Just like they did with The Rap Yearbook, Serrano’s followers have started buying books in multiples at a time, sending him screenshots to show their devotion. Some even started buying books specifically for Serrano to give out randomly to his other followers, a practice that Serrano and his followers started calling “ultralight beaming.”

Giving actions names is something Serrano picked up from his days as a teacher. When you name something, it sticks, he said.

“There’s no reason for a person in Idaho to buy a book for a person in Tennessee that they don’t know and have never met,” Serrano said. “But I got a note the other day that said, ‘I had a bad day, I want to buy a book for someone.’ That blew my mind. This is something people attach to feeling good. It’s overwhelming at times.”

Both Abrams and Weiner said Serrano’s approach cannot be reproduced. It has to happen organically.

“He created a formula that was really successful, that he can replicate and build on going forward, and you can take an element of it and give it to another author,” Weiner said. “But if you don’t have the personality — it’s not like I can list those things and say to a different author, ‘do this.’”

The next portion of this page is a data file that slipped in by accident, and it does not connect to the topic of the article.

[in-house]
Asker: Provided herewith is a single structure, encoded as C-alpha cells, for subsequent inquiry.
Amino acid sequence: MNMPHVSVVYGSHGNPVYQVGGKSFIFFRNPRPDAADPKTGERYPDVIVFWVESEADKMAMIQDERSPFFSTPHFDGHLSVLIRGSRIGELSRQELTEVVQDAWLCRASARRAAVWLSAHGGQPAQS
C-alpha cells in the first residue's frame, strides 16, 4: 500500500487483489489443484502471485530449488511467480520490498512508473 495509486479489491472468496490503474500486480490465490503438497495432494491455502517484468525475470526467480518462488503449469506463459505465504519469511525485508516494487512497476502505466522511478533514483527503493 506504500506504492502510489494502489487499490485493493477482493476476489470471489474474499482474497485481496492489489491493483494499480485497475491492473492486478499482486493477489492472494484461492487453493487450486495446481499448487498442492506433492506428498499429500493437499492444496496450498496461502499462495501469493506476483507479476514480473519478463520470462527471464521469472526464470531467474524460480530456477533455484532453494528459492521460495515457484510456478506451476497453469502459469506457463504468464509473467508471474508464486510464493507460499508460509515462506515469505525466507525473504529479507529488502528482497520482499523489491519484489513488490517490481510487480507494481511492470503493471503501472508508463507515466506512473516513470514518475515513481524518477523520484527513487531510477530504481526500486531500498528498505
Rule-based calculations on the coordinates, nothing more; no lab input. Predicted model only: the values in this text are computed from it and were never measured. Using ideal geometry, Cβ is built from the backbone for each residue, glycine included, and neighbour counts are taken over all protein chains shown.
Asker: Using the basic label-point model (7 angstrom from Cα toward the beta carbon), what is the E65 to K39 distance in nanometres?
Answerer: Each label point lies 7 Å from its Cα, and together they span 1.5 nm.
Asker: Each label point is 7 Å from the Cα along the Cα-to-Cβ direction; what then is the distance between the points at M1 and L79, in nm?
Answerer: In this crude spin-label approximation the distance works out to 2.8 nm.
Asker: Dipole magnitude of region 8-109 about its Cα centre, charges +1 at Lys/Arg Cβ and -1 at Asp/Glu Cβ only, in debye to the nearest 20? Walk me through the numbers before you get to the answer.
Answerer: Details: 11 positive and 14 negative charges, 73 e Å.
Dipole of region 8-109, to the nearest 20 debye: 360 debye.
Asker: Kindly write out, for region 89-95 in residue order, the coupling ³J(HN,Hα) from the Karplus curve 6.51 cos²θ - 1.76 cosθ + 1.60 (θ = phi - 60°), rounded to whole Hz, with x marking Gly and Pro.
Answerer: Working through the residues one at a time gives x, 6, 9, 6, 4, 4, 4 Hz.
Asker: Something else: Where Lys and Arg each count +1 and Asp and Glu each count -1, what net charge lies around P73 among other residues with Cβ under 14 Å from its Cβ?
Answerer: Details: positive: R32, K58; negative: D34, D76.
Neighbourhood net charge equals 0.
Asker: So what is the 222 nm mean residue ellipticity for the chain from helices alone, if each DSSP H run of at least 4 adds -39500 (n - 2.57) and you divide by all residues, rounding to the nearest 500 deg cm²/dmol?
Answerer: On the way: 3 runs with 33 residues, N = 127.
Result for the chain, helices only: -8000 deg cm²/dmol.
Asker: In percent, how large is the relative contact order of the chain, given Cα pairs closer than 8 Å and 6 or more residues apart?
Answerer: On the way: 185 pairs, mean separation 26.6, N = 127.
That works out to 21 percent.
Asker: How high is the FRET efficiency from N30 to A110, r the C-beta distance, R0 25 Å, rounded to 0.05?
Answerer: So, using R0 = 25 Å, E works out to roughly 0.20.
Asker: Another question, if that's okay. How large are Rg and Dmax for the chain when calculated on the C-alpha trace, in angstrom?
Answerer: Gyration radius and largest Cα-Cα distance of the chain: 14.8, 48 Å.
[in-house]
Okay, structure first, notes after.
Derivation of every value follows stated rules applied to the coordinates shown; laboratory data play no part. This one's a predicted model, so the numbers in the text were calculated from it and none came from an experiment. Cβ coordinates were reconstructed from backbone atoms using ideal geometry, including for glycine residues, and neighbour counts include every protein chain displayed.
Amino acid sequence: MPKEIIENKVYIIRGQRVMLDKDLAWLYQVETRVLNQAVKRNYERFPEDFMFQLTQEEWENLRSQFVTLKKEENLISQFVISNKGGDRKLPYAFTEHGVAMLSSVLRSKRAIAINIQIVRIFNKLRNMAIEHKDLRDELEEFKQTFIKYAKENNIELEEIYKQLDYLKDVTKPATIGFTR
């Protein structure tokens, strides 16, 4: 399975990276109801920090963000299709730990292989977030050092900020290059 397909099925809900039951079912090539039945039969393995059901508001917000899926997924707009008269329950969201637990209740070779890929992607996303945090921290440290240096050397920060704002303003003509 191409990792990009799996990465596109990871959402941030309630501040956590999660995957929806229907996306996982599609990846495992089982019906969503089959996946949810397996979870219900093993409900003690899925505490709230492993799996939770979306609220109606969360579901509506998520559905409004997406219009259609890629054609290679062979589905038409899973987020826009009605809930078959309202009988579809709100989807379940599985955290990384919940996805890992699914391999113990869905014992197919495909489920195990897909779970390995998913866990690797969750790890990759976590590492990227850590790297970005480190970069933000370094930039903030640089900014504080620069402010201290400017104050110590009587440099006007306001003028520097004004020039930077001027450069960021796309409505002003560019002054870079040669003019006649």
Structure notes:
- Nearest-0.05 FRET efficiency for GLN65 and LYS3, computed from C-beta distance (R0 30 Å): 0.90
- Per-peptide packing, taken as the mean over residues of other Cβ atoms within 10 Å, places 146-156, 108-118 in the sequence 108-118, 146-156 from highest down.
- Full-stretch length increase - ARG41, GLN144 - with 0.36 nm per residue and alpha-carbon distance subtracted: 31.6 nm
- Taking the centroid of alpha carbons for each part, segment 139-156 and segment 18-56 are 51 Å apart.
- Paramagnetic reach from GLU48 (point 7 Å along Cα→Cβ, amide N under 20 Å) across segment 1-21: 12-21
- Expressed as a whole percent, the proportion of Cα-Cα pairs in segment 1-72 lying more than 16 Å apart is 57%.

Abrams agreed. Serrano’s Twitter marketing works because it’s genuine, he said.

“If it came off fake, it wouldn’t work at all. It’s all about being yourself, whatever role you’re comfortable being,” he said, which is why you won’t see a barrage of promotional tweets on his feed.

But Abrams may have to put on his Twitter gloves next year. Serrano is releasing his own basketball book in the fall of 2017 and the hustler in him plans to do what he does best — pick a fight and sell some books.

“When it does come out, I’m going to start a fight on Twitter with Abrams on it — I know that much,” Serrano said. “It’s more fun that way.”

UPDATE: Abrams’ book made it to the New York Times’ best-sellers list in April.